Singapore to continue tackling haze as firefighting deployment concludes: MFA
SINGAPORE - Singapore's direct involvement in the fire-fighting efforts in Indonesia may have ended, but the government will continue to tackle the root causes of the fires that cause haze, the Ministry of Foreign Affairs (MFA) said in a statement Sunday.
Two key points were highlighted by MFA: Enforcement against errant companies contributing to the haze, and bilateral and regional environmental co-operation to prevent the recurrence of forest fires.
"Singapore will continue to take legal action against errant companies responsible for the haze through the Transboundary Haze Pollution Act (THPA)," MFA said.
"We look forward to Indonesia's response to our repeated requests to share information on these companies, following its agreement to do so on 27 September 2015. This information will be critical in helping Singapore to take the fullest course of legal action against these companies under the THPA."
MFA also added that Singapore is looking to resume bilateral co-operation with Indonesia's Jambi province to deal with land and forest fires in the southern Sumatran province.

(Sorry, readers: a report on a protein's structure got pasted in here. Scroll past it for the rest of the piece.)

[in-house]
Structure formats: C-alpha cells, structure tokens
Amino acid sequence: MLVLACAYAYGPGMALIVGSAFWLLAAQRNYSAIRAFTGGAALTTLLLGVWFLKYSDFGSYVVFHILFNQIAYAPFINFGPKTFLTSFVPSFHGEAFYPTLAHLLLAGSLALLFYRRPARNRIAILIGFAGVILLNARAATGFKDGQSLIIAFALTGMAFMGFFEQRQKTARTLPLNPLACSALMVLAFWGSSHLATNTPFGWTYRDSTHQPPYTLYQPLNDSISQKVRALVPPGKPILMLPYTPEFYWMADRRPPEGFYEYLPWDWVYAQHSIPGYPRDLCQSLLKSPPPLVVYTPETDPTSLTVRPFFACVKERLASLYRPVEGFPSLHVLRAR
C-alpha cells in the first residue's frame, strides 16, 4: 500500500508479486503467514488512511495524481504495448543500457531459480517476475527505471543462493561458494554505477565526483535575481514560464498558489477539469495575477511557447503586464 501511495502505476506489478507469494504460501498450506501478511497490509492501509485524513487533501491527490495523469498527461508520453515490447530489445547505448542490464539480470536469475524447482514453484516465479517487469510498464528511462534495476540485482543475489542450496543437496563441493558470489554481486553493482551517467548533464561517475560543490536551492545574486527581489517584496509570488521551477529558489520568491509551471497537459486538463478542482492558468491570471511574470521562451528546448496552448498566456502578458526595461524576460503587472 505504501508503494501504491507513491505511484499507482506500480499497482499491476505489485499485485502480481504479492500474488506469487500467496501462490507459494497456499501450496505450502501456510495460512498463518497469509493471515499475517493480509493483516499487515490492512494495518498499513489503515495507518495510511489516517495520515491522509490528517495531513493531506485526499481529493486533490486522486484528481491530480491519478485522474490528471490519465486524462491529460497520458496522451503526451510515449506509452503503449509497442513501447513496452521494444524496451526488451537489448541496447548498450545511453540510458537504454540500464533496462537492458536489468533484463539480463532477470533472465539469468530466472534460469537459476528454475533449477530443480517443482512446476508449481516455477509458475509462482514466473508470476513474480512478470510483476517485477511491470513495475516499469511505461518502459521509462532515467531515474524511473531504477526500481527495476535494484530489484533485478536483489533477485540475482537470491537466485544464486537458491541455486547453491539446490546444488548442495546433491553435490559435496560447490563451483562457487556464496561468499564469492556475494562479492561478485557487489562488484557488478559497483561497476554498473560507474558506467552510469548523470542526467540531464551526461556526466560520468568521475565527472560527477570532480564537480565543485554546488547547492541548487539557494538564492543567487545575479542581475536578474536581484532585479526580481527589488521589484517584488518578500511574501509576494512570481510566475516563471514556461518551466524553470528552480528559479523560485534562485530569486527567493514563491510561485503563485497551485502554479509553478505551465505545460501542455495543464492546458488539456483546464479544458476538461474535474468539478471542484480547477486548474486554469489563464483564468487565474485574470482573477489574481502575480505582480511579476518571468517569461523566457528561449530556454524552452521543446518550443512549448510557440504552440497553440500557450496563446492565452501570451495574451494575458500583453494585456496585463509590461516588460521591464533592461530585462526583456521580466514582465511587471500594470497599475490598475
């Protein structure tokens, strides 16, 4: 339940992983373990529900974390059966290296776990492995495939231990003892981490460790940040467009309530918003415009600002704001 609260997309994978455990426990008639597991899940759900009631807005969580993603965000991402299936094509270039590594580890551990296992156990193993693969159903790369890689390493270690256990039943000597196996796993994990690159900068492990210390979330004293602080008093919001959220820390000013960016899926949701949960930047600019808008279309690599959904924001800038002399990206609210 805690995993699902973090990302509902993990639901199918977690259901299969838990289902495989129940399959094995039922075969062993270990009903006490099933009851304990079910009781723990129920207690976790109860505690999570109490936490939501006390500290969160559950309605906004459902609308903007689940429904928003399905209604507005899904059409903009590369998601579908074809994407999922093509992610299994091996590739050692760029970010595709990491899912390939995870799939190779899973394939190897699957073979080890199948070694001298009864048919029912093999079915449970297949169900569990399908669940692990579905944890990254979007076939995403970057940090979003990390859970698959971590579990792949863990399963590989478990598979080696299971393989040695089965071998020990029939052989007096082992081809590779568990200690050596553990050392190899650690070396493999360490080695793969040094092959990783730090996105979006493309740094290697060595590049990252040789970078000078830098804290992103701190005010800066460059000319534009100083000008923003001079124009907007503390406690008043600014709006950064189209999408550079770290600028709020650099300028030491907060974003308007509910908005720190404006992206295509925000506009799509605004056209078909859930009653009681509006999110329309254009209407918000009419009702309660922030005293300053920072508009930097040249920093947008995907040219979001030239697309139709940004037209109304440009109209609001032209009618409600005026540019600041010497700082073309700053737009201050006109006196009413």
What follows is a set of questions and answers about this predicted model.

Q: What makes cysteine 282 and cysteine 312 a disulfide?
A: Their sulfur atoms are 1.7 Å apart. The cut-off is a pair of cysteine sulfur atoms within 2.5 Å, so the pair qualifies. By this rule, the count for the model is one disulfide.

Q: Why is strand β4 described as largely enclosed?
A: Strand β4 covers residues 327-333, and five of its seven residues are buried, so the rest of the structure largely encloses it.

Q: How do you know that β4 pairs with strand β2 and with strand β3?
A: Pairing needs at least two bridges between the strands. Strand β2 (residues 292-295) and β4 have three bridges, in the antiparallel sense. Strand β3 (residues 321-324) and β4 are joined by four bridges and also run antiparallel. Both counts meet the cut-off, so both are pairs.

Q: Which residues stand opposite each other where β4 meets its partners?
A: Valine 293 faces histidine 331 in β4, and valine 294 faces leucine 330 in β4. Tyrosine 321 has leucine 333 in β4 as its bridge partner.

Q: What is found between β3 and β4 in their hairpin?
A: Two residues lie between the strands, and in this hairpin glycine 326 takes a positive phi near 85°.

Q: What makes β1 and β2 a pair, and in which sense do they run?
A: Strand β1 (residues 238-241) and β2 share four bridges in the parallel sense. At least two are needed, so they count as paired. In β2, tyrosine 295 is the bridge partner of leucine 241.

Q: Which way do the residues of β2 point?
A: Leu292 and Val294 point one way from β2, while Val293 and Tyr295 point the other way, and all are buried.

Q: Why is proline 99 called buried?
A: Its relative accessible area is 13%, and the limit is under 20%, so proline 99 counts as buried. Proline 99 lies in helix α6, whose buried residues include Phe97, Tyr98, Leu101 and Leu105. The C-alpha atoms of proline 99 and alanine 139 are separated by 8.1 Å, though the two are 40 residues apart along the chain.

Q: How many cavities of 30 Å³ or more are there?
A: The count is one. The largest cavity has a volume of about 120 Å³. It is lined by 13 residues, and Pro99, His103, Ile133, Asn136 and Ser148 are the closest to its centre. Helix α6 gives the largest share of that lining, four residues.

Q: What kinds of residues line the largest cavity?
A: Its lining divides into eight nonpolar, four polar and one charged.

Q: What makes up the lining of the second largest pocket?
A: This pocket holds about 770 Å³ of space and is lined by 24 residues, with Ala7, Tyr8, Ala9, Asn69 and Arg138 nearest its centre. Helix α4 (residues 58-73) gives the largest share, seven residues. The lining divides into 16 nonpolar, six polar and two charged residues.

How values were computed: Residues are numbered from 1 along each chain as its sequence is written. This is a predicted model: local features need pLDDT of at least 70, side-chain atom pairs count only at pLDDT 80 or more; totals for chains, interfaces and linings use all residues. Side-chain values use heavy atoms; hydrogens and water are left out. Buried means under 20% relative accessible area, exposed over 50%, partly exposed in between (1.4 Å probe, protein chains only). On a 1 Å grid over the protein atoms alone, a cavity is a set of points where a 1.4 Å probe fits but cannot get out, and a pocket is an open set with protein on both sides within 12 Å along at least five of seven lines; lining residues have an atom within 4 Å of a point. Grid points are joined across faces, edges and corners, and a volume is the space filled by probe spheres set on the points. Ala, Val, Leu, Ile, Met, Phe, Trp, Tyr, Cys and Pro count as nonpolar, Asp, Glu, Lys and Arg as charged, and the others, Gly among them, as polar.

The 2007 Indonesia-Singapore collaboration in Jambi Province lapsed in 2011 and has yet to be renewed by the Indonesian government.
"Singapore hopes to expand such co-operation to other regions and provinces in Indonesia," said MFA.
MFA also called on the Association of Southeast Asian Nations (ASEAN) to take firm and decisive action to prevent the recurrence of the transboundary problem through regional co-operation, such as the operationalisation of the ASEAN Haze Monitoring System.
Singapore has been offering haze assistance packages to Indonesia since 2005, and most recently, a team of 40 Singapore Armed Forces (SAF) and Singapore Civil Defence Force (SCDF) officers was deployed to Palembang in Sumatra to aid with firefighting efforts.
The team concluded their two-week deployment on Saturday (Oct 24), putting out more than 50 hot spots in Sumatra in the process.
The haze has killed at least 10 in Indonesia and caused respiratory illnesses in half a million, Jakarta authorities said on Sunday, while winds have carried the smoke into Singapore, Malaysia, Thailand and the Philippines this year.